Category: News

Screen Shot 2016-04-24 at 2.31.10 PMThe campaign for Initiative 732 kicked off in Seattle on Saturday, April 9. Among those in the audience — PBS economics correspondent Paul Solman and his producer, Lee Koromvokis. Here’s how summarizes Solman’s report for Earth Day on PBS NewsHour:

Is making pollution expensive the best way to combat climate change? Economist Yoram Bauman thinks so — he’s spearheading a campaign for a carbon tax in Seattle. But the proposal is raising opposition, and has brought together some unlikely bedfellows on both sides of the debate. Economics correspondent Paul Solman reports.


Ramez NaamBy Ramez Naam

“This Earth Day, let’s get really big stuff done for our planet. What are we waiting for? The time is now.” That’s the Earth Day Network’s call to action, from an organization that’s been successfully expanding awareness of environmental issues for 46 years. Yet, even with the growing awareness of the problem of climate change, we need far more concrete action to tackle the planet’s biggest environmental threat. Even here in Washington State, where we have a reputation for environmental leadership, we’re still far short of sound climate policy.

With Initiative 732, we have an opportunity to pass the most effective climate policy anywhere in the country.  (more…)

SEATTLE, April 21, 2016 – Dr. James Hansen, the former NASA scientist who sounded the alarm on climate change nearly 30 years ago, and Dr. Richard Gammon, a former NOAA scientist who oversaw the worldwide measurement of carbon dioxide, have endorsed Initiative 732. They join a growing list of leading climate scientists, business leaders, economists, public officials, and social and environmental leaders supporting I-732.

“We must act now in the fight against climate change,” said Dr. Hansen. “I-732 is an effective starting point. Its reasonably transparent revenue neutrality makes it better than anything currently in place in the United States. Achievement of the proposed plan for reducing carbon emissions in Washington would push the discussion toward a national approach a long way in the right direction.”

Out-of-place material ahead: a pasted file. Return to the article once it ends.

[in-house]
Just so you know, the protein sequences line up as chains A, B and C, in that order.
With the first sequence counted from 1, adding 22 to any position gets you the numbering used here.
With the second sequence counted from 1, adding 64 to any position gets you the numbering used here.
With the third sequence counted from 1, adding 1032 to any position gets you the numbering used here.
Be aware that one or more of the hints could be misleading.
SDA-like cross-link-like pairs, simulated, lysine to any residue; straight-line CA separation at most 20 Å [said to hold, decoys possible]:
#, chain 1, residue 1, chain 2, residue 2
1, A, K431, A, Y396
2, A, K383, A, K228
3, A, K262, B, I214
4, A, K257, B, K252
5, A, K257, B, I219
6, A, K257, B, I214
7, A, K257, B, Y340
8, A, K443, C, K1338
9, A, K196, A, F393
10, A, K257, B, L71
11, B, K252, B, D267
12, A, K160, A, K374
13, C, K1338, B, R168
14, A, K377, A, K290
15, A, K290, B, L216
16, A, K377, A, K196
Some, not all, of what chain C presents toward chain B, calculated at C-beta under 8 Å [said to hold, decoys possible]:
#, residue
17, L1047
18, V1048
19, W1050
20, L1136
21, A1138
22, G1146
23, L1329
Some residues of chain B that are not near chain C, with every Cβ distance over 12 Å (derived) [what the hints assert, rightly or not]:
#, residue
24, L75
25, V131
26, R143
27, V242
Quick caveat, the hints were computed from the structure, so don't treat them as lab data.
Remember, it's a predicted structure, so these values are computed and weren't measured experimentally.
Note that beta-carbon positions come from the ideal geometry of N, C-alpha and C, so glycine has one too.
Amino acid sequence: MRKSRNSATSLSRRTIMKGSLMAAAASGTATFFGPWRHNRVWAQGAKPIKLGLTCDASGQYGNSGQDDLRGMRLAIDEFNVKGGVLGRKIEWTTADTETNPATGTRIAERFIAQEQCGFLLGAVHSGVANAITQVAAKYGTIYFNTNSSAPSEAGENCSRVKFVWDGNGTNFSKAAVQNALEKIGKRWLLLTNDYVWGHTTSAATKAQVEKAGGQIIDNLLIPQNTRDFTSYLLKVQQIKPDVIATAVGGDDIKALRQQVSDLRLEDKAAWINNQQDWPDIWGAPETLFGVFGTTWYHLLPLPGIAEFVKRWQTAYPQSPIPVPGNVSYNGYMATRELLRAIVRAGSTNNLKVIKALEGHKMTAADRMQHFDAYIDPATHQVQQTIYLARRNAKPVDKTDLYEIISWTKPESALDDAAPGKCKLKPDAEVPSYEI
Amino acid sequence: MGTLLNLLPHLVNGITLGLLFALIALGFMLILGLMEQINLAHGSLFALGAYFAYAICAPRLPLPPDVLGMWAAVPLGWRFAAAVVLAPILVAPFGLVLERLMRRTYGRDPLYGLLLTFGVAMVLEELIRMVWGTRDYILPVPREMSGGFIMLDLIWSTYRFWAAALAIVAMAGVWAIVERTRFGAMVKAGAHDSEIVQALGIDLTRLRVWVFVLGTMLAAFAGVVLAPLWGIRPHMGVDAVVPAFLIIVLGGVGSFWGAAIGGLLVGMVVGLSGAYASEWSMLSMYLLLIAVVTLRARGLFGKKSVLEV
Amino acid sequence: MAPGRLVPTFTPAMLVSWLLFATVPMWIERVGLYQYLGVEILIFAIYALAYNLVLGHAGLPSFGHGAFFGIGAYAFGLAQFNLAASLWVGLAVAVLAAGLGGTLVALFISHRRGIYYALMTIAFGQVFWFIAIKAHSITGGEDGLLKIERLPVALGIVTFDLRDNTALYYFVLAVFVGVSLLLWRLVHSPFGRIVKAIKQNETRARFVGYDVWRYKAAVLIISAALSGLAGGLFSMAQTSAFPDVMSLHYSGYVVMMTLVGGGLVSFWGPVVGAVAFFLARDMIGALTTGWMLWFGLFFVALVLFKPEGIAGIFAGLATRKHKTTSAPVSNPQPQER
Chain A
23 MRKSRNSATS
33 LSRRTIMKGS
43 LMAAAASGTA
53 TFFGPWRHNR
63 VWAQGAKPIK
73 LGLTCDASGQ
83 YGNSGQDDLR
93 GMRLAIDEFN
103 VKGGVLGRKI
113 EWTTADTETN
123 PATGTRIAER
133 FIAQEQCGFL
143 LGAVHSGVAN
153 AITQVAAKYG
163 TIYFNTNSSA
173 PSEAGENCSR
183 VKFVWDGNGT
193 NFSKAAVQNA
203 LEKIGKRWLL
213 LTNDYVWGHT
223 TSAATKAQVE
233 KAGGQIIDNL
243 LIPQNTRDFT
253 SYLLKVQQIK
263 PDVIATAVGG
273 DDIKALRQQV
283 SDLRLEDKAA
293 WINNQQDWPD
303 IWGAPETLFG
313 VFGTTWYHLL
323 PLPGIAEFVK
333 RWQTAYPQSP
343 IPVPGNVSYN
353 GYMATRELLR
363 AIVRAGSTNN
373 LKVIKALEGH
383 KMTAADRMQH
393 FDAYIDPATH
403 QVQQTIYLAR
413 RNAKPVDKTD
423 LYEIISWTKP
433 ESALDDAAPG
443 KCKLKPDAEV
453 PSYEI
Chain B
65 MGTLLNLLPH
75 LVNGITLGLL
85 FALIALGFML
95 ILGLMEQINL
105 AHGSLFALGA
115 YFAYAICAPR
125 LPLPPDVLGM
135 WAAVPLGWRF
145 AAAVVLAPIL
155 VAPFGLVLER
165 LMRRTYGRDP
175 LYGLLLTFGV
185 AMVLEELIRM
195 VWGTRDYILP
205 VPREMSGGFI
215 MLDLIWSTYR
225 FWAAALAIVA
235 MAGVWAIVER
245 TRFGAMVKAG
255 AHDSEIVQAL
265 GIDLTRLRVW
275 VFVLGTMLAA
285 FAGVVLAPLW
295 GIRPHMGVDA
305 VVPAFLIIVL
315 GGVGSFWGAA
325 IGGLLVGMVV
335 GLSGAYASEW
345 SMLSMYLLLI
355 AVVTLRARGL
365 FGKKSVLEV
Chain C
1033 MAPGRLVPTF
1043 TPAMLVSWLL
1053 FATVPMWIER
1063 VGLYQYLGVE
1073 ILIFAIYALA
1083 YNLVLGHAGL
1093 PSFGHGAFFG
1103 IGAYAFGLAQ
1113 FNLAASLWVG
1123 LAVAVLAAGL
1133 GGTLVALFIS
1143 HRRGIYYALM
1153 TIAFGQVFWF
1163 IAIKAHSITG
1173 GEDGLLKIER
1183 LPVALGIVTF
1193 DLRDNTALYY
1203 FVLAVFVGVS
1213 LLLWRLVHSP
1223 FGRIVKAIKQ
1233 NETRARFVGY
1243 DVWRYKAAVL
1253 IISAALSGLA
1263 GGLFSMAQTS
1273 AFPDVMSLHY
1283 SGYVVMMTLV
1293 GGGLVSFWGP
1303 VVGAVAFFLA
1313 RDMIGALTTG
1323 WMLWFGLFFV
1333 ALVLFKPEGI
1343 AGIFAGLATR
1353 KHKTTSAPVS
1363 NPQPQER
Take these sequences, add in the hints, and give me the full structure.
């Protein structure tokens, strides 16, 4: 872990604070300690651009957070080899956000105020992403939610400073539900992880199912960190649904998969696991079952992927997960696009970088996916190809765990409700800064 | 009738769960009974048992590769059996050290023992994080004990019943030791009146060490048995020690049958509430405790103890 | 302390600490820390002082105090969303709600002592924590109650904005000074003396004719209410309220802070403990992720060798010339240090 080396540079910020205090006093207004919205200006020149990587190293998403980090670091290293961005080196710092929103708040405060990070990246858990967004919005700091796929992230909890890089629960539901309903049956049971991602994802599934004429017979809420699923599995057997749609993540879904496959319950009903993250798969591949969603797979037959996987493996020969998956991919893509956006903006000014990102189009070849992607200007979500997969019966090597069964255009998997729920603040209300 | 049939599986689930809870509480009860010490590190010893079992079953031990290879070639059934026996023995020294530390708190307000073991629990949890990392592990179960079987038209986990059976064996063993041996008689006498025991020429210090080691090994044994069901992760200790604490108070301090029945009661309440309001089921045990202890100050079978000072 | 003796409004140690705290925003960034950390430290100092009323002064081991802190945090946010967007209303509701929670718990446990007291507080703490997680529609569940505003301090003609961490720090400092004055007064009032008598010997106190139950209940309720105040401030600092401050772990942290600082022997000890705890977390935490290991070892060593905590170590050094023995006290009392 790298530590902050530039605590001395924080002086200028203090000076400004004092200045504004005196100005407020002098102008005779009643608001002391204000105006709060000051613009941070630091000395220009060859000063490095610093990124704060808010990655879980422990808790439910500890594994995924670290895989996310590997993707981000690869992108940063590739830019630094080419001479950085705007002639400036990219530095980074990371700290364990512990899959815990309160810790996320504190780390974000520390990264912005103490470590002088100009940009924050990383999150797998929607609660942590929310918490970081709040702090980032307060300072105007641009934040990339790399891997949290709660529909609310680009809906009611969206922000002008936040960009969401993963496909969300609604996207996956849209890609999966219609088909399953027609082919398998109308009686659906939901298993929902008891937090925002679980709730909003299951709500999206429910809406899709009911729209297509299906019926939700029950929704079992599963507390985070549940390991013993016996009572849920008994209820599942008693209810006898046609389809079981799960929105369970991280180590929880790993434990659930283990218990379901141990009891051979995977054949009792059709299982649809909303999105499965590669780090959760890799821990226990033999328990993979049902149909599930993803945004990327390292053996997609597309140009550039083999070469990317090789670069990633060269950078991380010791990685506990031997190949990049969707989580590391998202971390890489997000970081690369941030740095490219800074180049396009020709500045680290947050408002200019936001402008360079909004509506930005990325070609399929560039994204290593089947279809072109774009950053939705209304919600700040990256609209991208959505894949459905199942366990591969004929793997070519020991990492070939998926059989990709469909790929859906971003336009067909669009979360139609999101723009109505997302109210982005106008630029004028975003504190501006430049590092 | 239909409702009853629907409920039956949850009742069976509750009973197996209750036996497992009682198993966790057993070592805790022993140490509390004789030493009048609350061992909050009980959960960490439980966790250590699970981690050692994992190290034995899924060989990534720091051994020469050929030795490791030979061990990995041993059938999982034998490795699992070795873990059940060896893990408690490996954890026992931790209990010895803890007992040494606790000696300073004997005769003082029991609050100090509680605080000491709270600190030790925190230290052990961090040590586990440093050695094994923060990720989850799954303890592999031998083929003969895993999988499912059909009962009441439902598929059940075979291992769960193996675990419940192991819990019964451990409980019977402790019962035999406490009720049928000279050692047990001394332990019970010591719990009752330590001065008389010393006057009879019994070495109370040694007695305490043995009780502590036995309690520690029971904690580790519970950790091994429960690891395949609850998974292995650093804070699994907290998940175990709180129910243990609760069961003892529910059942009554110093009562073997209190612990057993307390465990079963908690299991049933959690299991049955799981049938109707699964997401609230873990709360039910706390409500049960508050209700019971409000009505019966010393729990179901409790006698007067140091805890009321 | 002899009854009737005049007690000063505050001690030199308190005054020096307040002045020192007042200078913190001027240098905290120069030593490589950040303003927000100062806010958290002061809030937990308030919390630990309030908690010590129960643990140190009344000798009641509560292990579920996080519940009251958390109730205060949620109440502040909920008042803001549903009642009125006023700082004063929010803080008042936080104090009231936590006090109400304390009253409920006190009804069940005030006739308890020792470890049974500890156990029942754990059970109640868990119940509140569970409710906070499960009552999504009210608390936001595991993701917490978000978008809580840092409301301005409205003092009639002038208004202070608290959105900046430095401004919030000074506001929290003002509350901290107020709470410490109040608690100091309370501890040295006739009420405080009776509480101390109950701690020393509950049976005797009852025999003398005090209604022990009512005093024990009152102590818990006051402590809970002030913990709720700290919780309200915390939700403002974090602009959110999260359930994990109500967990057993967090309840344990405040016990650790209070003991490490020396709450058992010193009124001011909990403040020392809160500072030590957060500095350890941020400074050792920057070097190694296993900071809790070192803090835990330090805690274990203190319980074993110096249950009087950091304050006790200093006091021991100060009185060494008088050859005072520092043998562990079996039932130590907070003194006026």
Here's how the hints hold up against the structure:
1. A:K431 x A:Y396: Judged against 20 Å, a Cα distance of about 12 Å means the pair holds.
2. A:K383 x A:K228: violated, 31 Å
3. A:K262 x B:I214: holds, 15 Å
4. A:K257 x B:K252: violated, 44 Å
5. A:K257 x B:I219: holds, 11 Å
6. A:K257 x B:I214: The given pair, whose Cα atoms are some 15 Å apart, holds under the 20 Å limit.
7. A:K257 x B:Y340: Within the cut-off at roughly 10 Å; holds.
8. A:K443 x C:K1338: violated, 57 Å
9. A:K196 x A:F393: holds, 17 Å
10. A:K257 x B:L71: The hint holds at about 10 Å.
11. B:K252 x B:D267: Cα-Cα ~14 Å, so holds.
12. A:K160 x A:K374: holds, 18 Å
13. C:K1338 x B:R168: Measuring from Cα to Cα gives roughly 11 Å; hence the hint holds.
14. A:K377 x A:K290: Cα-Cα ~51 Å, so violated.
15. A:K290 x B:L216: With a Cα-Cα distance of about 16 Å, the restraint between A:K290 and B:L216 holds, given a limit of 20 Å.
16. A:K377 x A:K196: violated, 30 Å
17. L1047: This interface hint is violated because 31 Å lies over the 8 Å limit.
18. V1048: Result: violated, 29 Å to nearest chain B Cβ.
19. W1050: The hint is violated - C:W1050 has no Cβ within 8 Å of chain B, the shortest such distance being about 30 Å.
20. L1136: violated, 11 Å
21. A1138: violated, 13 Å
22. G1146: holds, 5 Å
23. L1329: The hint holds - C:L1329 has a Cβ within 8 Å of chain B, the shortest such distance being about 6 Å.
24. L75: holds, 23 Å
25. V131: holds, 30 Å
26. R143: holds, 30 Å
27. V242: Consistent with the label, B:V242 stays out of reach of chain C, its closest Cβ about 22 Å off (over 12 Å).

Cliff Mass and John SutterCNN’s John Sutter came to Seattle and British Columbia to report on Initiative 732 (and carbon taxes in general). It’s part of his series on how to keep the planet from warming more than 2 degrees Celsius. Here’s part of his story on

“Washington’s Initiative-732 would make a bad thing — pollution — more expensive by putting a tax on each ton of carbon dioxide created by cars, power plants and the like.

“More importantly, doing so would throw economic muscle behind clean energy, shorter commutes, cleaner air and smarter cities. It would use the market, not regulations, to choose winners and losers in the clean tech race. It would help Washington state, in the apt words of the initiative’s promoters, fulfill its moral responsibility to leave a livable planet for future generations. And it plans do so without wrecking the economy or growing government.”